Synthesizing her own personal experiences with the techniques she learned from Spinney, Bland has gone on to produce puppetry shows rooted firmly in the spirituality from her childhood.
“As a puppeteer, when you make that puppet come alive, it does become a person," she says. "That’s the magic of it — it’s no longer just material. As puppeteers, we get that we can use our art form to spread messages.”
Other stories represented at the exhibit include Bruce Cannon’s 9-year-old marionette Michael Jackson dancing next to an older, Jheri curl–era MJ, as well as Pandora Gastelum’s Lulu White figurine that commemorates an infamous New Orleans Creole brothel madam who reigned during the Storyville era. Another work of Gastelum’s, Jazz Dancers, was influenced by an eerie Crescent City tale about a serial killer presenting an odd ultimatum to residents: Dance to jazz music all night or die.
“Puppets are a gateway for adults and children to have open communication. The puppetry involved in the exhibit tells stories in a safe way. It began in 5th Century B.C. to preserve culture through oral history and now for communication, education, and inspiration,” ArtServe executive director Craig W. Johnson says.
Continuing the educational realm of puppetry, Anwar Floyd-Pruitt will lead the Imagine Puppets workshop, during which he'll introduce the methods he uses to teach puppet-making to at-risk teens. The visual artist developed a technique to make cost-effective puppets from raw materials, including cardboard, straw, glue, and construction paper. When Floyd-Pruitt teaches an art class to teens from a correctional facility or shelter, he says he has only a few minutes to capture their attention, which he does by interweaving hip-hop music into his lessons.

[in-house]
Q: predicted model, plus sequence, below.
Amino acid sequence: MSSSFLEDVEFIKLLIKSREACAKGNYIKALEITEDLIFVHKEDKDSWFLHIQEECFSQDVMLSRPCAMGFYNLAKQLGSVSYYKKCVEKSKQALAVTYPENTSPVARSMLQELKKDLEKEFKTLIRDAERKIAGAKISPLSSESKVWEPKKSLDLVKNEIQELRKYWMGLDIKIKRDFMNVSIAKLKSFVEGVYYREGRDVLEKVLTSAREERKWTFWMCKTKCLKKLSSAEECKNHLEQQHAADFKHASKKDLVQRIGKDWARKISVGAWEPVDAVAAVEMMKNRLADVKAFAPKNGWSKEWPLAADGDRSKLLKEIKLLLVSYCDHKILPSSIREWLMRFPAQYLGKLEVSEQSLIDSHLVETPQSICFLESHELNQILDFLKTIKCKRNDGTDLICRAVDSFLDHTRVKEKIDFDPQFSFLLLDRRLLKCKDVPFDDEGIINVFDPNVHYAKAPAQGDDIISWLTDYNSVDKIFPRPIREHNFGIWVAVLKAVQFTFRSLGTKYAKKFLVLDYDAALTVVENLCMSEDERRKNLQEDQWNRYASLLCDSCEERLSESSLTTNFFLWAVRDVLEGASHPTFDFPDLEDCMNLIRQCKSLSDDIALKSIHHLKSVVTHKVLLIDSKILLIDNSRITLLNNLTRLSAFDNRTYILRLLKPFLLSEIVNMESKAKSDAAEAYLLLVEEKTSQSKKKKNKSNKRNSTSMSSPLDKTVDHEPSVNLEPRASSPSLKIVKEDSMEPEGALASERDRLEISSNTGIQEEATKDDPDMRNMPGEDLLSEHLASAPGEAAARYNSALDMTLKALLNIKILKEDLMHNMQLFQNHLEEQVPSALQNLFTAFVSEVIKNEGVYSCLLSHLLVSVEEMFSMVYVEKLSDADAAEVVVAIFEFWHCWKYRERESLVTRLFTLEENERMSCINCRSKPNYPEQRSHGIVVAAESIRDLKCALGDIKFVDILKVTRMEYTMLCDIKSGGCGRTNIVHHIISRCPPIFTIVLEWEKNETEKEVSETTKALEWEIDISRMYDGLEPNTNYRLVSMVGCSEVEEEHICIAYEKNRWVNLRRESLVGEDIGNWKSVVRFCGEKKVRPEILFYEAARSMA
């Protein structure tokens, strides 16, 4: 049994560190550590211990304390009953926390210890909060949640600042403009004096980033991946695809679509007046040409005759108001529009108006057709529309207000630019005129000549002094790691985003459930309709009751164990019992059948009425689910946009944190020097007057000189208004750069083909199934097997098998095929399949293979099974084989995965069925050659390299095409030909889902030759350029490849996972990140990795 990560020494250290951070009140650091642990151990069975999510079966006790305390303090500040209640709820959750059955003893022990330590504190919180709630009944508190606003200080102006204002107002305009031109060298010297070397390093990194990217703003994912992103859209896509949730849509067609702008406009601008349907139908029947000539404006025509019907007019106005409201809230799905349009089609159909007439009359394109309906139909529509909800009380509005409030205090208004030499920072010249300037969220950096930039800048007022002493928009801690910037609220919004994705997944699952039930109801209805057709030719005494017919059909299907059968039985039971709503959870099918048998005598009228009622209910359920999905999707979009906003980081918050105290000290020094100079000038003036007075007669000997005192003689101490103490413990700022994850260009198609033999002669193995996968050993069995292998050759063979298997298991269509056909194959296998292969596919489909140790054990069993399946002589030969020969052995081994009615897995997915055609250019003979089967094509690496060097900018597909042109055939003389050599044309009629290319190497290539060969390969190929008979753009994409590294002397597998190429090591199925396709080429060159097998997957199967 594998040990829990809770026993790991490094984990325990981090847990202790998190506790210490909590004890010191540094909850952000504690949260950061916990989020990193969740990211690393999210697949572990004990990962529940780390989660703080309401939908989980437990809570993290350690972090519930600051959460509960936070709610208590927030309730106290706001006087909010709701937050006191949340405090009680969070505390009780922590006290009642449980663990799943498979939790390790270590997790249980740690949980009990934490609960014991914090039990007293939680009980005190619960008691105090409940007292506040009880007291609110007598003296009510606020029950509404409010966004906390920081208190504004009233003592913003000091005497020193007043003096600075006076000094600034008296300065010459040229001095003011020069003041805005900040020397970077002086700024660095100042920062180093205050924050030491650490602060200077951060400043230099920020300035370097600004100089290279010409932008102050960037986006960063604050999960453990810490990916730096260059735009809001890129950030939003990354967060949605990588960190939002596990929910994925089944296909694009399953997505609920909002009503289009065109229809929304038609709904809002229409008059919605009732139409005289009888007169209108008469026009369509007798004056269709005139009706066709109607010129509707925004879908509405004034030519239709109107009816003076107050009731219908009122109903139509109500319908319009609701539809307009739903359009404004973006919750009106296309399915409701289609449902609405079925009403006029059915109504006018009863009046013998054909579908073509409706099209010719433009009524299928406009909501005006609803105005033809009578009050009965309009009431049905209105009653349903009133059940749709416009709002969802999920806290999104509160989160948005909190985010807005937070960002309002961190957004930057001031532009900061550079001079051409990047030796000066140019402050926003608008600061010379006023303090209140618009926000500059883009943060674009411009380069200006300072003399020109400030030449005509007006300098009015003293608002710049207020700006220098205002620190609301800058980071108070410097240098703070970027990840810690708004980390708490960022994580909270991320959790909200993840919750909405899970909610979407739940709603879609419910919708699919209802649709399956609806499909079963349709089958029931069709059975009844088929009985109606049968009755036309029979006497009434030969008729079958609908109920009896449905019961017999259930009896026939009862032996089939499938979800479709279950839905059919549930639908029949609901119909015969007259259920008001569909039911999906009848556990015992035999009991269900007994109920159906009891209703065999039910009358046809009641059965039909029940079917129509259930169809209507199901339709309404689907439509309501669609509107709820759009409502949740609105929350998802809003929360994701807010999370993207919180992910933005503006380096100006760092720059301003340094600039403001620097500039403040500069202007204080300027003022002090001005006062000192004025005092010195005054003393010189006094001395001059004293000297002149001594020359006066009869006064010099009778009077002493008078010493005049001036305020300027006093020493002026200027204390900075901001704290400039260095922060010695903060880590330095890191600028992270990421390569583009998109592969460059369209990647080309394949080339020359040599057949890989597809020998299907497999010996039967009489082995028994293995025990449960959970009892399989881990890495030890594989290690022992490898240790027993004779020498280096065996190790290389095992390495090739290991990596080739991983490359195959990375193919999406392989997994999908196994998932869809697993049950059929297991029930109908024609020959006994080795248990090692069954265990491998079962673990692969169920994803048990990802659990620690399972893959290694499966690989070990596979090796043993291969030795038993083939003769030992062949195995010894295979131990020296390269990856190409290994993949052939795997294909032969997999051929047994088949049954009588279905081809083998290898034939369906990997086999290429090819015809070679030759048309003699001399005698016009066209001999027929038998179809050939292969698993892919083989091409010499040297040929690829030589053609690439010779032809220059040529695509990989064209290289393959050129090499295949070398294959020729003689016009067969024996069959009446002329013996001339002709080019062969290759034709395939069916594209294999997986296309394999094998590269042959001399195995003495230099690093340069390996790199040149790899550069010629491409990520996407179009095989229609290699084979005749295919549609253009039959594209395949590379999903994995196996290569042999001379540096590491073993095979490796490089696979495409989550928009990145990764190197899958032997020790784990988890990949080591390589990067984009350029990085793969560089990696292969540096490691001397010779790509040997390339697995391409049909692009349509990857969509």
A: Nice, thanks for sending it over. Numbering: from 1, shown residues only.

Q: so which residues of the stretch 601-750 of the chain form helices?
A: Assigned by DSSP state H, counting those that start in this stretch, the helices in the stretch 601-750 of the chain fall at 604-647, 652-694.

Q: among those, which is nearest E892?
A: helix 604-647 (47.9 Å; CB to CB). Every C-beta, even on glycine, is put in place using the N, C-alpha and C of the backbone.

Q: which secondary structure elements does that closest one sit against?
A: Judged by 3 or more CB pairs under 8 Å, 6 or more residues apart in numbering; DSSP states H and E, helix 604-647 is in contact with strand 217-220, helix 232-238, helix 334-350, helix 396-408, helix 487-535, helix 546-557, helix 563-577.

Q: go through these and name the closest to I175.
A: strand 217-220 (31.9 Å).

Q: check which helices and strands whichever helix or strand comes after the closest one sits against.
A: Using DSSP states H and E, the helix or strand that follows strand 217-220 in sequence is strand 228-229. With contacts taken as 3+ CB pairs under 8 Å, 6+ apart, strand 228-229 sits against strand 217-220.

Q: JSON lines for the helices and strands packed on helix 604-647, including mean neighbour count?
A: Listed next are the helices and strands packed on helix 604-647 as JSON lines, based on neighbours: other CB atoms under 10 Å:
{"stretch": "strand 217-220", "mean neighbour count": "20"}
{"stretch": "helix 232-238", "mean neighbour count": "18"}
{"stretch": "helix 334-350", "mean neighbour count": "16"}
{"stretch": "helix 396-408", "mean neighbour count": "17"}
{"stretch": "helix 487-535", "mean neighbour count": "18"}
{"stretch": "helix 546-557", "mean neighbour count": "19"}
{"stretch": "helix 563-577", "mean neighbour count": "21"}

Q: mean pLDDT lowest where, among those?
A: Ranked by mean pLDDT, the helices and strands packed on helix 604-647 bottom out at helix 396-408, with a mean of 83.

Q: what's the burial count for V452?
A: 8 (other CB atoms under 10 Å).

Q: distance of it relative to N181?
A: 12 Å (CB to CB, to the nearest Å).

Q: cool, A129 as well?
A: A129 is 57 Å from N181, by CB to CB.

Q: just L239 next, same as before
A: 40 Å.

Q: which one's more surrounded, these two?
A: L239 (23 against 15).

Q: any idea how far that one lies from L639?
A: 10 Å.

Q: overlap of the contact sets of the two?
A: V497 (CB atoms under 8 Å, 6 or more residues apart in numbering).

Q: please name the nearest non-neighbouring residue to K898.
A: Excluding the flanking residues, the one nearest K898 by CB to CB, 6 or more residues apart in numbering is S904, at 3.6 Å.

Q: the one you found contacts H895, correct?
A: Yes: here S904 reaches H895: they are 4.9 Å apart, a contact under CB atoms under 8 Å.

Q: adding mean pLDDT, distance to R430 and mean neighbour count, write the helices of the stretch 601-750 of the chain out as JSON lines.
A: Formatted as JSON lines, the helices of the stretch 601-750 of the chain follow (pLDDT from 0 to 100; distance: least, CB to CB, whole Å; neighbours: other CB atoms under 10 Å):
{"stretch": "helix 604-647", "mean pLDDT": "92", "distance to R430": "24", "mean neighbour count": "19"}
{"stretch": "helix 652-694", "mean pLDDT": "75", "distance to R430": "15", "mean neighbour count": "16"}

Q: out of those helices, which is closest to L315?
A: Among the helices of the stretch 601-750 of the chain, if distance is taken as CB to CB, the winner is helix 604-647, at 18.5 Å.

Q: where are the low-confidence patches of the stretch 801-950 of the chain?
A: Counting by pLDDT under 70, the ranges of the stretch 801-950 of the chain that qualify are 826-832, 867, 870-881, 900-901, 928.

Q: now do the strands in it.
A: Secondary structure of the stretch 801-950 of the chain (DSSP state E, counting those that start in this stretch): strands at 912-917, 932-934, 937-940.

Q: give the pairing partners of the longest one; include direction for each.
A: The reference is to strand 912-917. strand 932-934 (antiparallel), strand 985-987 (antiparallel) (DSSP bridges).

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“I’m putting myself out there through my art," he says. "As an older person, I’m trying to communicate to [the students]: ‘This is what I do, and I would love for you all to join me in this venture of hip-hop storytelling and puppetry.'"
Pruitt collaborated with students involved in Wisconsin's Madison Public Library’s Making Justice program, a community-based learning initiative for teens caught up in the court system, to create a wallpaper montage including eccentric puppets. The piece, which is on display in "Imagine Puppets," features a variety of figures, shapes, colors, and movements that all speak to the possibilities of puppetry as an art form and mode of creative expression.
“Puppets are performance, and puppets are visual arts, so, for me, it’s bringing these two things back together," he says. "There’s an inspiration that takes place when you get out of yourself and put that energy into this object."
"Imagine Puppets." Through Monday, March 30, at the African-American Research Library and Cultural Center, 2650 Sistrunk Blvd., Fort Lauderdale; 954-357-6282; sunny.org. Admission is free.